I wanted to further it and try to make food that was as authentic as possible, digging through all of it with the culinary sense of trying to put it all back together.
FL: It must be hard to learn about the past when – like you said, as you grew up in your family – there wasn't a whole body of traditional knowledge that you knew of. Somewhere along the line those traditions had been dissipated or were cut off. In a situation like that, where you are looking at native foods in a place where native people often were removed from the land where they developed their traditions – and where a lot of their history wasn't written down – how do you find the truth of the past?
SS: Part of it was researching the food. I felt like the plants had a lot of the story to tell, so I got to know nature and the plants and how the indigenous communities were utilizing the wild plants around them, not only for food but for medicine, crafting, and daily life in general. But, for me, I'm not trying to dig all the way back to 1491, to pre-Columbian.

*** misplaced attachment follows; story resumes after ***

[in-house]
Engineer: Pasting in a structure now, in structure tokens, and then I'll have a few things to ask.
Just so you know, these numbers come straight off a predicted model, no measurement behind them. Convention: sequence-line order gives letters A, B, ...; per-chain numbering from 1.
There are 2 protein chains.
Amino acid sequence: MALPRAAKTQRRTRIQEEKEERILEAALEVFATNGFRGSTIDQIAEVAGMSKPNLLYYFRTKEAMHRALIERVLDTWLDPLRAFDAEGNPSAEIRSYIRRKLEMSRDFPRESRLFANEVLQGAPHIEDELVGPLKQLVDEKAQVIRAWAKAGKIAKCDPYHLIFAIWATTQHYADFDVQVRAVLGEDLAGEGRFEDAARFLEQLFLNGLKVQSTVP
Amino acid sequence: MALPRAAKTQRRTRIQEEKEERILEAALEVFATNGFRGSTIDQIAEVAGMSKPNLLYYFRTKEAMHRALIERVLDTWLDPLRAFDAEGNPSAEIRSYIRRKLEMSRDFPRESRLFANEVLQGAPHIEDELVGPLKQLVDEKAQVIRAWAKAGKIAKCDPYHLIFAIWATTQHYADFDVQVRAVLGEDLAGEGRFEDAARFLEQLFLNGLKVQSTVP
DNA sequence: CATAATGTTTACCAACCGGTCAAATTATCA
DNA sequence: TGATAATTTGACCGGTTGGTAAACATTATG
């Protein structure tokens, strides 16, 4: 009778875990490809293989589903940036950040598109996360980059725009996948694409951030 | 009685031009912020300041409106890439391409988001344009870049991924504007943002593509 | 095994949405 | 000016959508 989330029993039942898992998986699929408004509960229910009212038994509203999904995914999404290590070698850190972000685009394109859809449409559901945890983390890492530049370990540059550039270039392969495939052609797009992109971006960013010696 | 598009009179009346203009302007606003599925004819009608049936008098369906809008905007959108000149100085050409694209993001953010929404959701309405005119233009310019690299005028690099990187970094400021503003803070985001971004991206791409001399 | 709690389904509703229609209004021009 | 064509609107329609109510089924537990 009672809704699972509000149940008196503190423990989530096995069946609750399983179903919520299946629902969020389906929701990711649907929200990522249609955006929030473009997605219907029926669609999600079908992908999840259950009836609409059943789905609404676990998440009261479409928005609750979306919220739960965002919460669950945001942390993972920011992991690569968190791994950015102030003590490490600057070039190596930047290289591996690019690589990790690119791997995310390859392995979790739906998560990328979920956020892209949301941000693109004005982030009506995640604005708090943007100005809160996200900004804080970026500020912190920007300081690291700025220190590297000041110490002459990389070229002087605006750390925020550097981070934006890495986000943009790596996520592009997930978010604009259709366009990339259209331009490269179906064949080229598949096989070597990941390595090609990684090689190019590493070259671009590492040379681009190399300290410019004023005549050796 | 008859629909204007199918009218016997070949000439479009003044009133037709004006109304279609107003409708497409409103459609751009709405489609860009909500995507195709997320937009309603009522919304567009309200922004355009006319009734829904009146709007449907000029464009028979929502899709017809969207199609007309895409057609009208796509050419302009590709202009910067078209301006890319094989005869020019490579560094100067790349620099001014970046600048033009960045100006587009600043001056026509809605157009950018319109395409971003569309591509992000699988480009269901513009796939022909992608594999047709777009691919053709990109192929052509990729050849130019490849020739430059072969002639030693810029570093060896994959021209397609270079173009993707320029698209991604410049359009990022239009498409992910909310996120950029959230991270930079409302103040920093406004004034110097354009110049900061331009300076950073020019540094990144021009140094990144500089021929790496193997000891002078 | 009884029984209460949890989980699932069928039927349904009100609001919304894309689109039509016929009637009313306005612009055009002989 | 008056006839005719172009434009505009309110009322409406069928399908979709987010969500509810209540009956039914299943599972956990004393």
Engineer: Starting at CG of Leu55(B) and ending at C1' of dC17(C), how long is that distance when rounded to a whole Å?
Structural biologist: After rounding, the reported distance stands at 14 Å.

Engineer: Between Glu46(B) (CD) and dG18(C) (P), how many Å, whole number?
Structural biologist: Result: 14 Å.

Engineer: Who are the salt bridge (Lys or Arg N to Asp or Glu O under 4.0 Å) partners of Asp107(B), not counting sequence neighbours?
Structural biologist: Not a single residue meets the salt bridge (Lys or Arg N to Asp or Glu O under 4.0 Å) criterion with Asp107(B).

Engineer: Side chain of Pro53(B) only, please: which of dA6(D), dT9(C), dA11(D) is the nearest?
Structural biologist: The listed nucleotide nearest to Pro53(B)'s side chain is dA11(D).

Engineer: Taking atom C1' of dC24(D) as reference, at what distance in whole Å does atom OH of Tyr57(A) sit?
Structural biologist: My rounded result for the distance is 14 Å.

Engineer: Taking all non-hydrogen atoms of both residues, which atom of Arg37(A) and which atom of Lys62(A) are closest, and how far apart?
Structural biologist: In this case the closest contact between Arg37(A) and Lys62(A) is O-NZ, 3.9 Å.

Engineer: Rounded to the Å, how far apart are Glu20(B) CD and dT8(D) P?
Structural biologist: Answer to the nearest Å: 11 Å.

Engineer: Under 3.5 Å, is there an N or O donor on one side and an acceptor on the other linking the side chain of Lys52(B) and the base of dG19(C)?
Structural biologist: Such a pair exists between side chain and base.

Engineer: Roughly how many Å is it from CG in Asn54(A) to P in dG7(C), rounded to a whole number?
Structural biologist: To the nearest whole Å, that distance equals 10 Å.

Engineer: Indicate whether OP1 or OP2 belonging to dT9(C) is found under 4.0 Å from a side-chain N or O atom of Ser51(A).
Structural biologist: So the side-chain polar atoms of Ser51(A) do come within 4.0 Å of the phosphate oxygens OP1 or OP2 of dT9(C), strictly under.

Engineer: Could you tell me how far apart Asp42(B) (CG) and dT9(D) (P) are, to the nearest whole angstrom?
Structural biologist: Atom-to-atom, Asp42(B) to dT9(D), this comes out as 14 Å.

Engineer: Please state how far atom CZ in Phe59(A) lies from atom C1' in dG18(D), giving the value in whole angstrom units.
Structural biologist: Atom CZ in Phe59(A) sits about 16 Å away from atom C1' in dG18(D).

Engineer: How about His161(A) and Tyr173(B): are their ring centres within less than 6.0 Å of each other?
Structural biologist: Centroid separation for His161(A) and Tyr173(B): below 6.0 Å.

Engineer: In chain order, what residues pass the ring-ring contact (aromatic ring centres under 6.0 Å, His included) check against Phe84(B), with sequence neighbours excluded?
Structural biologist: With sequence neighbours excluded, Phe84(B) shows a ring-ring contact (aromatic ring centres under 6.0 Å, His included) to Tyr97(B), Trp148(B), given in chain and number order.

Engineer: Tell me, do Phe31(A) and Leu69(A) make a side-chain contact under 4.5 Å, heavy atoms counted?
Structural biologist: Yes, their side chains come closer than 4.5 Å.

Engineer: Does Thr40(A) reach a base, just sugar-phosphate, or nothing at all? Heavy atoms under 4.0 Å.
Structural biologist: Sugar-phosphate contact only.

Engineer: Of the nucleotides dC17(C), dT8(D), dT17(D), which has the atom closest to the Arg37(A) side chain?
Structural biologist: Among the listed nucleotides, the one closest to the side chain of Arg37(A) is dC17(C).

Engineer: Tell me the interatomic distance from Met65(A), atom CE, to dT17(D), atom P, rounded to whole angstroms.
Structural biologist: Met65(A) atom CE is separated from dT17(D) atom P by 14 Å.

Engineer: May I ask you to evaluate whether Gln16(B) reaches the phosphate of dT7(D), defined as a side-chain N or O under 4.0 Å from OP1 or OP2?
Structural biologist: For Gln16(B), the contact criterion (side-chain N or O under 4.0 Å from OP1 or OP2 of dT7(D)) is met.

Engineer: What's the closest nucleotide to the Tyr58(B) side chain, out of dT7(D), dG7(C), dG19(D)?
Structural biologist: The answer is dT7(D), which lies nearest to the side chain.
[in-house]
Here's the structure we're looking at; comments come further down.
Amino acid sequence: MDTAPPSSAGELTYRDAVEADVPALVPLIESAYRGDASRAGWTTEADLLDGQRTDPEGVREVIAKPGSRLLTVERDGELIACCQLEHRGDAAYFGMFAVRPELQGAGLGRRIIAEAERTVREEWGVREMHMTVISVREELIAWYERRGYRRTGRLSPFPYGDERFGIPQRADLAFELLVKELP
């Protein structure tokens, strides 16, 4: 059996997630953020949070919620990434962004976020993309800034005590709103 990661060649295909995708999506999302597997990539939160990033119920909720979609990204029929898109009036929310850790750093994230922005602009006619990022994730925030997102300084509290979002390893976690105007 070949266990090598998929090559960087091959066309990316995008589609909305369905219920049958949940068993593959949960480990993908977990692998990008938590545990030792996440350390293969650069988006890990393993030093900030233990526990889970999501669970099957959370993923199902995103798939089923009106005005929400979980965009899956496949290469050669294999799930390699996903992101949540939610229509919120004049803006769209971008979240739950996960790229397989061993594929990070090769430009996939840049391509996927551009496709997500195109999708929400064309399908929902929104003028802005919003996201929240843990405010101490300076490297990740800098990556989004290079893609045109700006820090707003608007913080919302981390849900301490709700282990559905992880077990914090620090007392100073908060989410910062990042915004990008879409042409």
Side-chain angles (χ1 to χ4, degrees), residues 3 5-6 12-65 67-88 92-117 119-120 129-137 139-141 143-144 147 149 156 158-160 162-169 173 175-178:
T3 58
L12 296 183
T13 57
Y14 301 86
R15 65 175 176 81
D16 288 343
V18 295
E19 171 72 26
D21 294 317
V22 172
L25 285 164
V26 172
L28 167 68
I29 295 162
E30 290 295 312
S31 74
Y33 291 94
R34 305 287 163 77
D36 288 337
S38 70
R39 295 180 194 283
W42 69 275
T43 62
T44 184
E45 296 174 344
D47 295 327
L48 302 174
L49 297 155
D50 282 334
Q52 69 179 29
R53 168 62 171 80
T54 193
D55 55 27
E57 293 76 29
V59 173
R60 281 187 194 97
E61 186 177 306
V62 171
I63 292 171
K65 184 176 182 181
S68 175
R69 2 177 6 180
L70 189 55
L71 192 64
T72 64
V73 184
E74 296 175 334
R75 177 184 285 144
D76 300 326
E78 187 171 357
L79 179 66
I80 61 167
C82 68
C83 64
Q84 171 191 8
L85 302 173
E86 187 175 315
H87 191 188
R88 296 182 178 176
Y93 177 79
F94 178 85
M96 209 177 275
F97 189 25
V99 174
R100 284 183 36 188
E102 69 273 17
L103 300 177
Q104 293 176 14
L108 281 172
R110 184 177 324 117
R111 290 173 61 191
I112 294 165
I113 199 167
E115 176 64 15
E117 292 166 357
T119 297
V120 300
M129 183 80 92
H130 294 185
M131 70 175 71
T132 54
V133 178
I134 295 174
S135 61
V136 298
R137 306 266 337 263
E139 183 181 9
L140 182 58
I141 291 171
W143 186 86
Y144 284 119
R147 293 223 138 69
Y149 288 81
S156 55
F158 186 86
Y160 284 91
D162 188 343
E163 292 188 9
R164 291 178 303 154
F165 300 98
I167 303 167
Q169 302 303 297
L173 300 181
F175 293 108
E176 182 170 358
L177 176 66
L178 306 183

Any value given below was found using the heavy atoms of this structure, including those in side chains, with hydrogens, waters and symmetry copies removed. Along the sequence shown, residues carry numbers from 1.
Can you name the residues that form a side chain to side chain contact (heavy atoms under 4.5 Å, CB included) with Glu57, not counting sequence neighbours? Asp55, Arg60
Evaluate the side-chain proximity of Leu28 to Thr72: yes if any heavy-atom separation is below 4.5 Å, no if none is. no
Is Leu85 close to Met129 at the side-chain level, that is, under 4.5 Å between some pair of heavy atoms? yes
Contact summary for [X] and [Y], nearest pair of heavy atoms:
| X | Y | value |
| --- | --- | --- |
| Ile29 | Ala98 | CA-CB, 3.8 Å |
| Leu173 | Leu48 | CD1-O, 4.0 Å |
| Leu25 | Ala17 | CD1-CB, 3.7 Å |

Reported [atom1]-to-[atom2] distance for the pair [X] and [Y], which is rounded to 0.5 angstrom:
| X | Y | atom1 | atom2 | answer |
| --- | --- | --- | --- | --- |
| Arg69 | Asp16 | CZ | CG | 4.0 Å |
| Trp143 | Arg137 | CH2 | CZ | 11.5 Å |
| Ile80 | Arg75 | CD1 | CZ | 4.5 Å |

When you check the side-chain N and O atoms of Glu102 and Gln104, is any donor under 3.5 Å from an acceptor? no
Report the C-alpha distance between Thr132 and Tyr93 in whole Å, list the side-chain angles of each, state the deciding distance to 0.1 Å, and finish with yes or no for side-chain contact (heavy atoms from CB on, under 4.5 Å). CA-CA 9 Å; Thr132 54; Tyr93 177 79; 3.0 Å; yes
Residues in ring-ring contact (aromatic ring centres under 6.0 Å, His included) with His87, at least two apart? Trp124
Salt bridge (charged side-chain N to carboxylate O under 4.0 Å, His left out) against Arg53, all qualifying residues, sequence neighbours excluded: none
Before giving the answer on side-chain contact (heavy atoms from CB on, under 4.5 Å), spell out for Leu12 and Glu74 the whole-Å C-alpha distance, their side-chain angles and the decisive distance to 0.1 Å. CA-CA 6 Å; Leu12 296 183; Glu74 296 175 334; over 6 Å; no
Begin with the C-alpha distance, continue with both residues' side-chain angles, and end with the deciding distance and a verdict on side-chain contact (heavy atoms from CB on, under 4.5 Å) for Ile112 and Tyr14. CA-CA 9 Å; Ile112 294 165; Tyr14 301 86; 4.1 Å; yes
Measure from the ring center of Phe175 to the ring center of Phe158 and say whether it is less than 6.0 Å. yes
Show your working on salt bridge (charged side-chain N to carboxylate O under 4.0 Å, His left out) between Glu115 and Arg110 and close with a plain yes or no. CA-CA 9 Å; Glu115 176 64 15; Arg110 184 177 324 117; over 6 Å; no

SS: I was digging to find out: how Lakota were eating before they were influenced by another culture? That doesn't go that far backwards, if you think about it. For my family line, my grandparents were the first generation of kids to go through boarding schools on Pine Ridge Reservation. In my great-grandparents' era, they were still growing up on the plains with the Lakotas. They always had and still maintained a lot of their indigenous food systems at that point. So, it's only looking back a few generations.